Even with the thrill of the new, Lili and Andrew acknowledge that success can't be determined by SEO algorithms and profit margin calculations alone. Through watching their parents at work, they've learned that the continued success of the shop is due in large part to the actual experience of shopping there.
The Tap Phong experience is made of shouted greetings, face-to-face interaction and, if you're lucky, some old-school, good-natured haggling and friendly ribbing. It's a finely honed skill, that back-and-forth, where the customer and the shop owners both feel like they've benefitted from the transaction."If I'm dealing with a person of my parent's generation and they're [trying to strike a deal], and I say, 'I'm sorry, that's what the price says,' my mom might say, 'It's OK, let me handle it,'" says Lili. "It still ends up [to be] the same profit margin, but somehow, the way she communicates, that makes all the difference. At the end of the day, their method of doing things, there's a reason why it works."
That give-and-take communication also helps explain the sheer variety of items that Tap Phong stocks, many of which are highly specialized kitchen tools you'd be hard pressed to find at most mainstream department stores.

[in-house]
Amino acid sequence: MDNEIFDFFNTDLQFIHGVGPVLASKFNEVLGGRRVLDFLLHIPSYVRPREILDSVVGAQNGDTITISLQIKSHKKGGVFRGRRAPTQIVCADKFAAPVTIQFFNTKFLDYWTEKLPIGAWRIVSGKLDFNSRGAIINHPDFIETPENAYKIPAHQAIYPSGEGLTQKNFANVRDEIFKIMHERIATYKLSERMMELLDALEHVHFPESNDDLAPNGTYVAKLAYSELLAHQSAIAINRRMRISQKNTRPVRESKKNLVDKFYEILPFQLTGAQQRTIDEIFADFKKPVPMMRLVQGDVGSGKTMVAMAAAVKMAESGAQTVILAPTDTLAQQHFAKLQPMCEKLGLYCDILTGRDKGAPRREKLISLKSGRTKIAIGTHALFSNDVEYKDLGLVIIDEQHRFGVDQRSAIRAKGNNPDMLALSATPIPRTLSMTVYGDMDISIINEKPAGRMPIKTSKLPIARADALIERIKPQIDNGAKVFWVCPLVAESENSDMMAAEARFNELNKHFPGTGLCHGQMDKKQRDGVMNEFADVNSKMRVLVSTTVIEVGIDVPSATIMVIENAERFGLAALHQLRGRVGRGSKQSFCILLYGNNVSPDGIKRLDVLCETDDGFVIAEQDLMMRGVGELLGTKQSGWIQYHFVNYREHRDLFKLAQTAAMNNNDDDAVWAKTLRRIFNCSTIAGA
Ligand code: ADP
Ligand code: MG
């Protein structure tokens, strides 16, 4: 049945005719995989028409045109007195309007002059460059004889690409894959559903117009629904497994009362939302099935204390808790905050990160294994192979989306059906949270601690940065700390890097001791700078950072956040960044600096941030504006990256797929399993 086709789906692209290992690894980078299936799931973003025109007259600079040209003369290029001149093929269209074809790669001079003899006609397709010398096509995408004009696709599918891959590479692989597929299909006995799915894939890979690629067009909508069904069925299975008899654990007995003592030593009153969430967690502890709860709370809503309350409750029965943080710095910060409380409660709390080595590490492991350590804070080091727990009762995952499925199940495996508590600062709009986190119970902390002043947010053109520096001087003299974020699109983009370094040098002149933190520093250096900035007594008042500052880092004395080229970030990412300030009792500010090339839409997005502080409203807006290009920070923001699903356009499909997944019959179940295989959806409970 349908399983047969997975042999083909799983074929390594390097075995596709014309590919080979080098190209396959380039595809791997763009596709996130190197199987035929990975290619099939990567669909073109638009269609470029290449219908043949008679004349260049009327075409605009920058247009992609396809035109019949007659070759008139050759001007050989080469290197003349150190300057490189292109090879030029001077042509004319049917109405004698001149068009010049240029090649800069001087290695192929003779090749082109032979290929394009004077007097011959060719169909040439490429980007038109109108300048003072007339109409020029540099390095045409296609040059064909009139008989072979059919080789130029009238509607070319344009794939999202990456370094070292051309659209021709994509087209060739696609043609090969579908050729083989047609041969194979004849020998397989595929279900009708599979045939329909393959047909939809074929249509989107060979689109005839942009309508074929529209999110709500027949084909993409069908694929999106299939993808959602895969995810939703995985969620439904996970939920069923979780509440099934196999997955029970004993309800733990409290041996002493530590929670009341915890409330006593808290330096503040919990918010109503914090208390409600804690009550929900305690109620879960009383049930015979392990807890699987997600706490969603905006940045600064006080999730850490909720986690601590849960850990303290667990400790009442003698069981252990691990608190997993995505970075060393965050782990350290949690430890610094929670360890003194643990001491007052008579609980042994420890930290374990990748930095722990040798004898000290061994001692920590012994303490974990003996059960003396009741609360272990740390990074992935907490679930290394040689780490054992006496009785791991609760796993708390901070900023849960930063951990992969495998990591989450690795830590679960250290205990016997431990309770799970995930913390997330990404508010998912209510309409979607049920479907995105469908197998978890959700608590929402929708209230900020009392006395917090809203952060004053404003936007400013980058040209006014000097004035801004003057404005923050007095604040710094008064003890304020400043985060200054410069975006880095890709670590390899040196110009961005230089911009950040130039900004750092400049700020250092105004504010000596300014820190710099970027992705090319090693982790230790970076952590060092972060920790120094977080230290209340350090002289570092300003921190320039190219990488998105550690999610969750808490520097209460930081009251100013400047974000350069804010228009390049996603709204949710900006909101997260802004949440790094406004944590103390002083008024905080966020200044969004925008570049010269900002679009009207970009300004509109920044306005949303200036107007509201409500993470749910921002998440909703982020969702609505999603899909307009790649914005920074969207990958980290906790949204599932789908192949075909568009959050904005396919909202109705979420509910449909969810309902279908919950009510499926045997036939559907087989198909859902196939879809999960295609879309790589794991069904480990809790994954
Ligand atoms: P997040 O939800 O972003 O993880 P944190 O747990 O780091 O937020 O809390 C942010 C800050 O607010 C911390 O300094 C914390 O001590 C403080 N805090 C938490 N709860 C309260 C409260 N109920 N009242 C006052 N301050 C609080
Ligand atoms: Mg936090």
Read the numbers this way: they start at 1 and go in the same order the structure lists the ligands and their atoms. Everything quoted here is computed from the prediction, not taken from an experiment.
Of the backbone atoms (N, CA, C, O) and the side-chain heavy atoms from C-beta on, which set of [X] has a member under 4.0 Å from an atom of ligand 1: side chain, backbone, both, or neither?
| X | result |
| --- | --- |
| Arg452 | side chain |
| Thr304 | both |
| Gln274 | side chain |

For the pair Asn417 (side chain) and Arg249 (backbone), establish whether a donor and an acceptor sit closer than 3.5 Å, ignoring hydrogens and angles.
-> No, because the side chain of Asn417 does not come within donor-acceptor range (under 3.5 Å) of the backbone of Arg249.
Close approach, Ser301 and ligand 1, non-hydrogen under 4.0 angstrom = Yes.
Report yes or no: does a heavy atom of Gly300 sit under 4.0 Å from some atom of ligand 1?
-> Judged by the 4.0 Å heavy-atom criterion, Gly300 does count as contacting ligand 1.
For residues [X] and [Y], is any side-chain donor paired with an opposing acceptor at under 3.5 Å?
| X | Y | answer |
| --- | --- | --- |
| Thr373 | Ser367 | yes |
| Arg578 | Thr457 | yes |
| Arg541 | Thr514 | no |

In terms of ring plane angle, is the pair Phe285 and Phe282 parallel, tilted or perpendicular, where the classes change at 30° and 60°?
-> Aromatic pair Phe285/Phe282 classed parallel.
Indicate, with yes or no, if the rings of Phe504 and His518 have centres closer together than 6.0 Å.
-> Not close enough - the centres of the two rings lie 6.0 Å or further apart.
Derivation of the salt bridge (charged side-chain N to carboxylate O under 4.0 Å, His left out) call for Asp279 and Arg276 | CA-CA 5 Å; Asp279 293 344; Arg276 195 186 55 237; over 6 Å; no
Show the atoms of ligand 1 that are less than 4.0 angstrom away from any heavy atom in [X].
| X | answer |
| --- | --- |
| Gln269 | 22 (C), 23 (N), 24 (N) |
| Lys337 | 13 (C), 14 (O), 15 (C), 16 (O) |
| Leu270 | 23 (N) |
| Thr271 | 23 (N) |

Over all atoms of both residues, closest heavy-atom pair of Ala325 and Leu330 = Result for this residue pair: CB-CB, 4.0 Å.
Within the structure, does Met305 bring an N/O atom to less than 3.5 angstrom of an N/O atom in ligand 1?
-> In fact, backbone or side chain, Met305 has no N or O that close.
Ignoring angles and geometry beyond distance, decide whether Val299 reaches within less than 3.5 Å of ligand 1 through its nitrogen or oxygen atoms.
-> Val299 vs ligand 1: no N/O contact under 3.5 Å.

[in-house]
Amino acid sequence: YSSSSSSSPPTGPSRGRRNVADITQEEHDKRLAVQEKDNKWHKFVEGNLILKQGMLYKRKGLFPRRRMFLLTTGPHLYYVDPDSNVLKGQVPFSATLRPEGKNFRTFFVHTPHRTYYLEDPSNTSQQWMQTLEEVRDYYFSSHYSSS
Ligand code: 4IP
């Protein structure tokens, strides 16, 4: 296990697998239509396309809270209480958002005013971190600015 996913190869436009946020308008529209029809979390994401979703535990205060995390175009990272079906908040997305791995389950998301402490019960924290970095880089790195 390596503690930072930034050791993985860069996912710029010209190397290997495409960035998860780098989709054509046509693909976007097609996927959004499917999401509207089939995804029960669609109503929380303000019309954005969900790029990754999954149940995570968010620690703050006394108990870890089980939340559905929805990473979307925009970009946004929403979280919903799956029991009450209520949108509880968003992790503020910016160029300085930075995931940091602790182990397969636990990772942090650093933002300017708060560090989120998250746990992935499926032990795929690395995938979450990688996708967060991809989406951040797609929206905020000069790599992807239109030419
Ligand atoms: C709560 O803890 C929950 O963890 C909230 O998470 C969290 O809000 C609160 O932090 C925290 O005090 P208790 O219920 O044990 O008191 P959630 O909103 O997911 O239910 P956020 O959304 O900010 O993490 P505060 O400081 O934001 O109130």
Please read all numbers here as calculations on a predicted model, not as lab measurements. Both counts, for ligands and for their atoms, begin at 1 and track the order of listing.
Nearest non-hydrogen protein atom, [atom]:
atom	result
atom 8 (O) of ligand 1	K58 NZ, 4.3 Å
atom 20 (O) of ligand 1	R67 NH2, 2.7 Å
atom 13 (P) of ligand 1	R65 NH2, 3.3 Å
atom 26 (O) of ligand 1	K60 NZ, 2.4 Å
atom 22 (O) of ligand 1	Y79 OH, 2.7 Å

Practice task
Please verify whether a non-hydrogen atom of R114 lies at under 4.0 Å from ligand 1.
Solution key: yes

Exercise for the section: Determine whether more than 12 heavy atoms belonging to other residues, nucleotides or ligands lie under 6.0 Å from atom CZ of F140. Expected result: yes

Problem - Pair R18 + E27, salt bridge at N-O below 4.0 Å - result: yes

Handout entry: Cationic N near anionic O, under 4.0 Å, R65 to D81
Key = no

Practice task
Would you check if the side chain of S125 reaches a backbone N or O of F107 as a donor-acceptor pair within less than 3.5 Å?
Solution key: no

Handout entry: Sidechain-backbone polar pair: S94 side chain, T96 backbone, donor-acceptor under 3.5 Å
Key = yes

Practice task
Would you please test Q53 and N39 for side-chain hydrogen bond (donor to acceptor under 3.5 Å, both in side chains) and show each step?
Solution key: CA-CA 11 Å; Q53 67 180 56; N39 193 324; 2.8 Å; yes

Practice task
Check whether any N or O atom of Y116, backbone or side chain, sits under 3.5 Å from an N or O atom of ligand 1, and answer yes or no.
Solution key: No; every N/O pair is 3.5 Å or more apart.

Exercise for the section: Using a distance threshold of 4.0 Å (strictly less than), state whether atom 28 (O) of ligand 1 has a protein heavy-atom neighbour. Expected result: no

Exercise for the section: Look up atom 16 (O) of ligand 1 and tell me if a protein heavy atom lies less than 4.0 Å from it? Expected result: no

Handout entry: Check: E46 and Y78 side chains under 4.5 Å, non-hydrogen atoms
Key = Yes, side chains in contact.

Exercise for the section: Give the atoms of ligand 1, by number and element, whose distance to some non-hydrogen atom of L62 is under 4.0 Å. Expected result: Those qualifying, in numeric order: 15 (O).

"One thing my mom mentioned to me is, when you're looking for items for the store, don't look for items that just speak to you," says Andrew. "You have to listen to what your clients are looking for. If they have an issue, you have to find a product to solve that issue … we're always thinking about what other people might need."
"People always ask, 'How do you control the inventory? There's so much here!'" Lili adds. "It's a collaborative effort; the creative part is that our parents are really talking to their clients, listening to what people are asking for. When customers come to the store, they know Andrew and I... I pass on [the request] when a customer mentions they're, for example, looking for a Yarai for cocktails." It's why today you'll find those cultish, diamond-cut Yarai mixing glasses, beloved by the city's top mixologists, available alongside porcelain sake cups, steel Vietnamese coffee filters and yellow, cafeteria-style juice tumblers. That's several thirst problems, solved.